While the Duke of Buckingham was besieging the citadel of St. Martin, an attempt was made, or was said to have been made, upon his life by a French Papist or Jesuit, with a thick four-edged knife. An account of the Duke’s proceedings while in the Isle of Rhè appears to have been sent home, and was published probably with a view of influencing the people in his favour and showing to what dangers he was exposed in the national service. There is in the British Museum a tract entitled ‘A Continued Journal of all the Proceedings of the Duke of Buckingham his Grace, in the Isle of Ree since the last day of July. With the names of the Noblemen as were drowned and taken in going to releeve the Fort. As also the Portraiture of the knife with which his Excellence should have been murdered, which very knife was brought over by Captaine Buckestone and delivered unto the Duchess of Buckingham her Grace on Monday night last. Published by Authoritie. London, Printed for Thomas Walkley, and are to be sold at his shop at the Eagle and Childe in Britaines Bursse, 1627.’ The following account is given of the intended assassination of the Duke:—


‘Received the 27 of August.

‘Here I have sent you all the remarkable Newes that I have upon the last of July. There was taken by a Perdue of ours, in the night (a Frenchman), that was sent by Monsieur de Thorax, the Governour of the Citadell, with a full intent to kill my Lord Duke; and for the speedy effecting of the same he had prepared a strange and dangerous Poynado, which, although it was taken about him, he confidently denied that he came not with any intent to kill the Duke untill he came to the Tortures, which being presented before him he promised to discover all to my Lord if he would promise him life, the which he did, and doth so performe with him, like a noble and mercifull Generall.’ The tract contains a large woodcut of a knife and underneath the engraving is the following description:—‘This is the true Portraiture of the poysoned knife, both in length and breadth, having foure edges, with which a Jesuited Vilaine was sent out of the Fort by Monsieur de Thorax, the Governour of that Island, with an intent to have killed his Excellence, but by God’s providence was delivered. His Grace hath used the French so nobly in all respects that he rather deserved their love than any wayes to have his life thus treacherously sought after, under the pretence that it was a meritorious act. Which knife was brought over into England by Captaine Buckestone, and by him delivered unto the Dutches of Buckingham her Grace on Monday night last.’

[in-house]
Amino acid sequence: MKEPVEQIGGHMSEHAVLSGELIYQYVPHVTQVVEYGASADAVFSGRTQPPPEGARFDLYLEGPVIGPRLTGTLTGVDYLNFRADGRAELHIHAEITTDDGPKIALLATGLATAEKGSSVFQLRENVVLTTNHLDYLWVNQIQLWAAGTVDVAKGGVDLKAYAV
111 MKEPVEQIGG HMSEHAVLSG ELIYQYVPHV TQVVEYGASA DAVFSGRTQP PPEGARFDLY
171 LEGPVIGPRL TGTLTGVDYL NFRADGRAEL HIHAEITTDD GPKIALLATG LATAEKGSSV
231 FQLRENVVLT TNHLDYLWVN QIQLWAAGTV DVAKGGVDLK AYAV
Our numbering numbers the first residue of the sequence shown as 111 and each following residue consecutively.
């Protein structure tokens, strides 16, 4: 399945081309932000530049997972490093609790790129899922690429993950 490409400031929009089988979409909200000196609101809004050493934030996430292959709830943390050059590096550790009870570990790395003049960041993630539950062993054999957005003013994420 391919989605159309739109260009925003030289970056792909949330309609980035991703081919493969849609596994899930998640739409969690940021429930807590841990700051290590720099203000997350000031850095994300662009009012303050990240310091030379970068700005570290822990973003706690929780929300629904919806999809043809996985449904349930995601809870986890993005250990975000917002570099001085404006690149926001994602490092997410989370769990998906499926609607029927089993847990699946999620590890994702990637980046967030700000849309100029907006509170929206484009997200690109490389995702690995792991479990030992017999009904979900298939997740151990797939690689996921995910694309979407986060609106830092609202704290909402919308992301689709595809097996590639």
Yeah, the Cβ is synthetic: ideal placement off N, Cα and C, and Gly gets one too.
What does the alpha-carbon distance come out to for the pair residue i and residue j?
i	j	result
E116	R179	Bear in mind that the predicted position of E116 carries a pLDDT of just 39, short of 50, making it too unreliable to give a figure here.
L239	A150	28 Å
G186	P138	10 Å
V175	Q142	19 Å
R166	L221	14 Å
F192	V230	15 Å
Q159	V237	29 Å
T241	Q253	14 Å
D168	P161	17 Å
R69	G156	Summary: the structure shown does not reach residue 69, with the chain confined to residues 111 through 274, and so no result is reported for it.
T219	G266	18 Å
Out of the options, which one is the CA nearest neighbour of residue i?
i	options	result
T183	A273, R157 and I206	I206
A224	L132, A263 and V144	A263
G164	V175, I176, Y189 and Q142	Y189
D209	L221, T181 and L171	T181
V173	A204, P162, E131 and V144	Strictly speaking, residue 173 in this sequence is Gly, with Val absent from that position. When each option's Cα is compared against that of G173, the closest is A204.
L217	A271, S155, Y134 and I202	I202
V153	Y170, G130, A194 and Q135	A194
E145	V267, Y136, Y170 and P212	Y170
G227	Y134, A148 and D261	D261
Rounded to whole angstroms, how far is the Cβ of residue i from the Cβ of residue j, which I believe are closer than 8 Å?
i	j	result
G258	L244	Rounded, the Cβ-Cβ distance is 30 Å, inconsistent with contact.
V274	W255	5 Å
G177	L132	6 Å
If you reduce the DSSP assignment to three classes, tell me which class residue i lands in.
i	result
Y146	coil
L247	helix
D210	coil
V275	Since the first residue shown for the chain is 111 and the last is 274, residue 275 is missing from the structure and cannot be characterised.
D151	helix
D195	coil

Whether the attempt on Buckingham’s life was a reality or was got up for the purpose of endearing the court favourite to all good Protestants, it foreshadowed his ultimate fate. In the following year, while he was at Portsmouth, and about to embark on a second expedition to Rochelle, he was stabbed by Felton, who had served under him in the expedition to the Isle of Rhè.

Besides the subjects already noticed, the old news-writers delighted in signs and portents in the air, and failed not to improve the occasion whenever they met with a text so much to their liking. There was a fall of meteorites in 1628, which was chronicled at the time in an illustrated pamphlet, entitled, ‘Looke up and See Wonders: a miraculous Apparition in the Ayre, lately seen in Barke-shire, at Bawlkin Greene, neere Hatford, April 9th, 1628.’ The author, like his fellow chroniclers, already quoted, regards the occurrence as a sign of Heaven’s displeasure, and addresses his readers thus:—‘So Benummed wee are in our Sences, that albeit God himselfe Holla in our Eares, wee by our wills are loath to heare him. His dreadfull Pursiuants of Thunder and Lightning terrifie us so long as they have us in their fingers, but beeing off, wee dance and sing in the midst of our Follies.’ He then goes on to tell how ‘the foure great quarter-masters of the World (the foure Elements) … have bin in civill Warres one against another…. As for Fire, it hath denied of late to warme us, but at unreasonable rates, and extreame hard conditions. But what talke I of this earthy nourishment of fire? How have the Fires of Heaven (some few yeares past) gone beyond their bounds, and appeared in the shapes of Comets and Blazing Starres?… The Aire is the shop of Thunder and Lightning. In that, hath of late been held a Muster of terrible enemies and threatners of Vengeance, which the great Generall of the Field who Conducts and Commands all such Armies (God Almighty, I meane) avert from our Kingdome, and shoote the arrowes of his indignation some other way, upon the bosomes of those that would confound his Gospell…. Many windowes hath he set open in heaven, to shewe what Artillery hee has lying there, and many of our Kings have trembled, when they were shewne unto them. What blazing Starres (even at Noone-dayes) in those times hung hovering in the Aire? How many frightfull Ecclipses both of Sun and Moone?… It is not for man to dispute with God, why he has done this so often … but, with feare and trembling casting our eyes up to Heaven, let us now behold him, bending his Fist onely, as lately he did to the terrour and affrightment of all the Inhabitants dwelling within a Towne in the County of Barkshire…. The name of the Towne is Hatford, some eight miles from Oxford. Over this Towne, upon Wensday being the ninth of this instant Moneth of April, 1628, about five of the clocke in the afternoone this miraculous, prodigious and fearefull handy-worke of God was presented…. The weather was warme, and without any great shewe of distemperature, only the skye waxed by degrees a little gloomy, yet not so darkened but that the Sunne still and anon, by the power of the brightnesse, brake through the thicke clouds….